Well, then, a good place to start, is to ask ourselves this question: As followers of the Lord, Yeshua, what is the chief end, the ultimate purpose, the end result of our lives supposed to be?

Another way of asking this is, what is the main purpose for mankind? Such a question presupposes that we have a purpose here in this life! When we ask ourselves, what is the end result of our purpose here?, then, when we discover it, we may begin to pursue that purpose!

Can Scripture help us out here?

In Romans 11, we read, "For of Him and through Him and to Him are all things, to whom be glory forever. Amen." (Romans 11:36). And in 1st Corinthians 10, it says, "Therefore, whether you eat or drink, or whatever you do, do all to the glory of God." (1 Corinthians 10:31).

Now, I come back to the question, "Is our ultimate purpose in this life to have comfort, to pursue ease and pleasure? If not, do we ever act as if that is the case? Moreover, is it possible that we can have some of that, as it were a foretaste, but purpose our lives to something that is greater than where we find ourselves today?"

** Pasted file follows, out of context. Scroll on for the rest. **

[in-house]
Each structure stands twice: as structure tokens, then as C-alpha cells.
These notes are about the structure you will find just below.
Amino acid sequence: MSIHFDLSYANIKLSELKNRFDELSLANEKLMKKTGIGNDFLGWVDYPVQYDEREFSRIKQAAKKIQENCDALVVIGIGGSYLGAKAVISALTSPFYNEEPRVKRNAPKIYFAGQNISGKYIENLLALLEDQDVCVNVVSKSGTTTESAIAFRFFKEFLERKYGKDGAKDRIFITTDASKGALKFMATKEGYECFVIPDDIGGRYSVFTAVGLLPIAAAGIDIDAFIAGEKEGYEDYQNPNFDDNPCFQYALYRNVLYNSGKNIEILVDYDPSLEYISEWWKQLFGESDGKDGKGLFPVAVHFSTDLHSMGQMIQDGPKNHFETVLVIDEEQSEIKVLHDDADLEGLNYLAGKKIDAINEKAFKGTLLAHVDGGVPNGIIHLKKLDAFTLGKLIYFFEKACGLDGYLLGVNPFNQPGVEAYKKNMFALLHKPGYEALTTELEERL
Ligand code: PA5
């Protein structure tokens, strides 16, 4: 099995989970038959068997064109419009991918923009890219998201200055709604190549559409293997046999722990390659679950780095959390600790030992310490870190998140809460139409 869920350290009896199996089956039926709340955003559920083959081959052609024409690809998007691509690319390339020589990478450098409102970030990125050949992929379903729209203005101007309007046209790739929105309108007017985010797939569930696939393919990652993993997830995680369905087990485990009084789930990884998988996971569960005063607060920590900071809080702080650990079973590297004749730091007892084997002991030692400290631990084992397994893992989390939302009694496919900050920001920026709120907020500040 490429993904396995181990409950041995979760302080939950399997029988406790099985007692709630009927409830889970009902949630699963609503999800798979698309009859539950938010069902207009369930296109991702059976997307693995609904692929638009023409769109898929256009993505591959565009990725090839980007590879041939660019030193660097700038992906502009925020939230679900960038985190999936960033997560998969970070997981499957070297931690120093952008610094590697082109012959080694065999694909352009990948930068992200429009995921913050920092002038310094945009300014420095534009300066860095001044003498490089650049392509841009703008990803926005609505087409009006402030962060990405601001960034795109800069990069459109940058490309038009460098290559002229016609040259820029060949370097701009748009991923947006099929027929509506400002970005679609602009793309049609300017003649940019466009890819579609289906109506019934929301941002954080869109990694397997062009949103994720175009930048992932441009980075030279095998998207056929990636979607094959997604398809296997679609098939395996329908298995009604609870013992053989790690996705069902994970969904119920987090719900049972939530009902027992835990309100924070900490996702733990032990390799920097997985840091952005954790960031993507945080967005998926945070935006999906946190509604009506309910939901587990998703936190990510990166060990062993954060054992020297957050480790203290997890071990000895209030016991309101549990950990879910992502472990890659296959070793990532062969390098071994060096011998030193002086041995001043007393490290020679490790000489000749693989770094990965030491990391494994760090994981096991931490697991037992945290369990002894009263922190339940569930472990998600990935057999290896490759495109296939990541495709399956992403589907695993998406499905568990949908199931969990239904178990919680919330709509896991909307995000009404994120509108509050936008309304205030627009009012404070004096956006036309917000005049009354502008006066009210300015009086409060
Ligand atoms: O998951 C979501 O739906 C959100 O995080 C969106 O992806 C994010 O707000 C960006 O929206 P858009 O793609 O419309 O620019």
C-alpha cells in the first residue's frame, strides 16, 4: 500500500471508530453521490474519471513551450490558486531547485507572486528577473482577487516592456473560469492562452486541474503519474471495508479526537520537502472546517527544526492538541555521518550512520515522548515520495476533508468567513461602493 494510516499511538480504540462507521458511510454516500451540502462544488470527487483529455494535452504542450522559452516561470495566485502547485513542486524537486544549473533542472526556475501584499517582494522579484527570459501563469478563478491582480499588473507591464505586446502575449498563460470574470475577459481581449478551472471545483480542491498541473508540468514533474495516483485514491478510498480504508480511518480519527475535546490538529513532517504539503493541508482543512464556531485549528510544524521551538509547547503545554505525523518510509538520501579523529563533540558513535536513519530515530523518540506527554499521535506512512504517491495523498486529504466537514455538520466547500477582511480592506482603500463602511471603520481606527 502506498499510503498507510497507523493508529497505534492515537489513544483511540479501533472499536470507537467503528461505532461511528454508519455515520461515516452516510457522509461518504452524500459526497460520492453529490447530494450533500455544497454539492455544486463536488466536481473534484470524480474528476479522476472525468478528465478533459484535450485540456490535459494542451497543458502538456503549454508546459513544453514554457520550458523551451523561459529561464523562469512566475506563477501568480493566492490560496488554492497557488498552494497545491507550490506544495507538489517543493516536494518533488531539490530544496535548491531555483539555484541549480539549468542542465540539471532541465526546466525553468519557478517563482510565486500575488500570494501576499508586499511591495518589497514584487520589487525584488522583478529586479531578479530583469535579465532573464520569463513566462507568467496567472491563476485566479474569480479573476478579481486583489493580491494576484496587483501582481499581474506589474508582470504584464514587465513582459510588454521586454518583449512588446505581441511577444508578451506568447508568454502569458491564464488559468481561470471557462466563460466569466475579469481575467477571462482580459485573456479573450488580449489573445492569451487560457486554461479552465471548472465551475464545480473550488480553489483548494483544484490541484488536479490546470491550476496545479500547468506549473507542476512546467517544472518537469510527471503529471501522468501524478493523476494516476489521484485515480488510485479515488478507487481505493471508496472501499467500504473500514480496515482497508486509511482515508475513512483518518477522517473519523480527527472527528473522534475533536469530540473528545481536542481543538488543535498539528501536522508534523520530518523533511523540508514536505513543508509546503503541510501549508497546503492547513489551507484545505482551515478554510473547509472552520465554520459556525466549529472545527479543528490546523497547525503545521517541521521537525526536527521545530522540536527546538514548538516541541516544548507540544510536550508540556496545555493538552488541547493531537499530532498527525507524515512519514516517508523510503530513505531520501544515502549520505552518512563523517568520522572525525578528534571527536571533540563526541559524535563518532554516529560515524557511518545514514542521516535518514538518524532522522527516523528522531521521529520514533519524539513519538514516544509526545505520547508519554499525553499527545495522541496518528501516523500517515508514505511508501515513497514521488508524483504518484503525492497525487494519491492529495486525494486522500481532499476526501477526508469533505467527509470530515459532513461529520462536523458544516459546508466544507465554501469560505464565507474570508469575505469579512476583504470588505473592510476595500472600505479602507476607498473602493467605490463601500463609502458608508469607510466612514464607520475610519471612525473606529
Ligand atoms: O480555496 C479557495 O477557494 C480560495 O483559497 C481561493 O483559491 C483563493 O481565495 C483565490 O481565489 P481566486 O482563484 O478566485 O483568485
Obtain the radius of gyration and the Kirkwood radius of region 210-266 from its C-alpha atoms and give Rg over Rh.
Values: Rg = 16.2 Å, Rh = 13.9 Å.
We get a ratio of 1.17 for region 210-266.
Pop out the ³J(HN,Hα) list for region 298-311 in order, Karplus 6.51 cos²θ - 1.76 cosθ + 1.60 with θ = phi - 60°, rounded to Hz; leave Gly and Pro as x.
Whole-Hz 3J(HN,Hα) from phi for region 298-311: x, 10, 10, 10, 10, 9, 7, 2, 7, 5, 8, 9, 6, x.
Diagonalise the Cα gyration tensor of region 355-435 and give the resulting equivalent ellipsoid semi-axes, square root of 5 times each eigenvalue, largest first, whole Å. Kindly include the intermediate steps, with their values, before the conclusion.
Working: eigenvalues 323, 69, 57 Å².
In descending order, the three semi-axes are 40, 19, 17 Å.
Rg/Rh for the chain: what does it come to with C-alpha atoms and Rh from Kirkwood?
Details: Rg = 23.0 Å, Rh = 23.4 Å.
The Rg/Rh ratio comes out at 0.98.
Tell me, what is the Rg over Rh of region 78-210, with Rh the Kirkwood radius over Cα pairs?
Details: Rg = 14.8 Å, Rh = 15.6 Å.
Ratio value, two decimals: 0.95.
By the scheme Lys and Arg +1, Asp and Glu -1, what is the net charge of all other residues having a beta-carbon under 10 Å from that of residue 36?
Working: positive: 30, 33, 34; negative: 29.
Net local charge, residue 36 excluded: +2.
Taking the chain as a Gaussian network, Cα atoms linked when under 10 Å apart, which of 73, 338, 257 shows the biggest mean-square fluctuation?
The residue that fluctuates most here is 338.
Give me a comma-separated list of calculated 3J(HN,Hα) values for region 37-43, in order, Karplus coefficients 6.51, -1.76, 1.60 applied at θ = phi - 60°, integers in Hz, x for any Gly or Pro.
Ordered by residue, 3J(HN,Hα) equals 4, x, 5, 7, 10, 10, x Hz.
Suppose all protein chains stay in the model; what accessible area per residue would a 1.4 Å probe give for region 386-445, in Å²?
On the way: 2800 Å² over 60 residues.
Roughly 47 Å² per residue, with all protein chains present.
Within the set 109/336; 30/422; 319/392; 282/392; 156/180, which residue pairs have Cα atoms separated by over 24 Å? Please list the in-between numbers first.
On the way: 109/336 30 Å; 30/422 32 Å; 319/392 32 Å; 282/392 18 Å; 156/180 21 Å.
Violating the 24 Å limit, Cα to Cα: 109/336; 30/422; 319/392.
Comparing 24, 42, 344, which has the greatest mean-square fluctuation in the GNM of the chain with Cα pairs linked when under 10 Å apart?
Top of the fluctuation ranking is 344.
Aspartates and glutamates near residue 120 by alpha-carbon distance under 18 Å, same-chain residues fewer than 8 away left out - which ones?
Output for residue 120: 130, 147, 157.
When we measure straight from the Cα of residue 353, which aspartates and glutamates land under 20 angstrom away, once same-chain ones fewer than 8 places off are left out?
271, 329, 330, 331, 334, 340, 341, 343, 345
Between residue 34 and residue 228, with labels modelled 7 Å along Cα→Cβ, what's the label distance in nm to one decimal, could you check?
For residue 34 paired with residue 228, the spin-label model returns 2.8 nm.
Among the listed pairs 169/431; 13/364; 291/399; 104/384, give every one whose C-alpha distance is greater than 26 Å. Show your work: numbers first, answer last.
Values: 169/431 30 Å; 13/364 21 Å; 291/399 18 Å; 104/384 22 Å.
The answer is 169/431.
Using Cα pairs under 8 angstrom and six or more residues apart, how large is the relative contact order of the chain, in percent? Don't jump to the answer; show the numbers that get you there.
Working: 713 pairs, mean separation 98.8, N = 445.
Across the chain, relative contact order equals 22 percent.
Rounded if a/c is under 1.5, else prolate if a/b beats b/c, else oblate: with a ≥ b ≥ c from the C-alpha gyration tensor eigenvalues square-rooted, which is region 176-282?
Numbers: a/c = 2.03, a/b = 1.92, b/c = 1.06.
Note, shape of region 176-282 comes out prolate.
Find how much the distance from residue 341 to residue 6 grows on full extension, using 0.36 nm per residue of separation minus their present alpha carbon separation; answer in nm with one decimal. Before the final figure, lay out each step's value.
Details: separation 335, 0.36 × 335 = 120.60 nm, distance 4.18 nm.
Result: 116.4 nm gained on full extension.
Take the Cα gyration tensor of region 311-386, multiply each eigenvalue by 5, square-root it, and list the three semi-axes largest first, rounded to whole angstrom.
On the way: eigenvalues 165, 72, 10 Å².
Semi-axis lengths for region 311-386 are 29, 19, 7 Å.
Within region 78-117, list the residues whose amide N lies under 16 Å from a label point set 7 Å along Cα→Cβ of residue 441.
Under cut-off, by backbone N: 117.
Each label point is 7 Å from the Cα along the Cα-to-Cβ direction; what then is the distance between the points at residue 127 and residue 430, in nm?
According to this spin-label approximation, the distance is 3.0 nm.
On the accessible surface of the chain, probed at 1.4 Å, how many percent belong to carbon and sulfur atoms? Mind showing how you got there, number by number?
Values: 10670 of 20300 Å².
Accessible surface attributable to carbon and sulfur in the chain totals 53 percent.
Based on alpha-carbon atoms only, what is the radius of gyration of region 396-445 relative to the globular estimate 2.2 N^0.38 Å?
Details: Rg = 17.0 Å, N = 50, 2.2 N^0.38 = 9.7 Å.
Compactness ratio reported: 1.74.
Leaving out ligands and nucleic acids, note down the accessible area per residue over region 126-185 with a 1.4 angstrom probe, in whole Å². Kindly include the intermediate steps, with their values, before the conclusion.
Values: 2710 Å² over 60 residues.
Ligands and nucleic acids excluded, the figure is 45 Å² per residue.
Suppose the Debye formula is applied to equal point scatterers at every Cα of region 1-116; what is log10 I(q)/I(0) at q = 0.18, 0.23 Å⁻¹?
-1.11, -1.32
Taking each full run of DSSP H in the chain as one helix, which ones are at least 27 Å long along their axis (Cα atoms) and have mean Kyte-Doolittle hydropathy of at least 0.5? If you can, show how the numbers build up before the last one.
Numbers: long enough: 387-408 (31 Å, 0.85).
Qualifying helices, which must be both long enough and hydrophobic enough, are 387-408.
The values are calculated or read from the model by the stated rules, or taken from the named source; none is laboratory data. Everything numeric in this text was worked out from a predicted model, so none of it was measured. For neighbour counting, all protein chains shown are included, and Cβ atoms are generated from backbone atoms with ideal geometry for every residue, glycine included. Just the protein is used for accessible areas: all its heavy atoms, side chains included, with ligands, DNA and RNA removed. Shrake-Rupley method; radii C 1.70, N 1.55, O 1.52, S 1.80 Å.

A passage from Proverbs 25 basically says, that for a man to seek his own glory, or search into it, "is not glory," but rather brings shame upon him! That passage reads, "It is not good to eat much honey: so for men to search their own glory is not glory. He that has no rule over his own spirit is like a city that is broken down, and without walls." (Proverbs 25:27-28).

Isaiah 45:8 says, "I am the LORD; that is my name! I will not give my glory to another or my praise to idols."

I'm wondering back to the frog doing backstrokes in the kettle, seemingly without a care in the world. If, like the frog, we spend our lives in pursuit of one comfort to the next, or, from one moment of happiness to the next, we are likely just fooling ourselves if we think we aren't really working to bring some sort of glory to ourselves, rather than purposefully living our lives to bring glory to God alone. I will repeat Isaiah 42, verse 8, if you didn't get it the first time, "I am the LORD; that is my name! I will not give my glory to another or my praise to idols."

The question needs to be asked, what should drive our focus in this life? It has been said that, "the chief end of man is to glorify God and to enjoy Him for ever." Perhaps we should start there! But, how do we begin?

I would like us to explore this idea about our purpose to give glory to the LORD.

First, odd as this might sound, we can glorify God by confessing our sins! If it has been shown that we have reserved glory to ourselves, or rather, in fact, we have let anything have precedence over our purpose to love God, then those of us that are able to admit it realize that we have sinned. The question is, should we confess that?

Do you know the story of Achan, from Joshua 7? After the casting of lots, Achan was discovered to be the person responsible for God turning away from the children of Israel!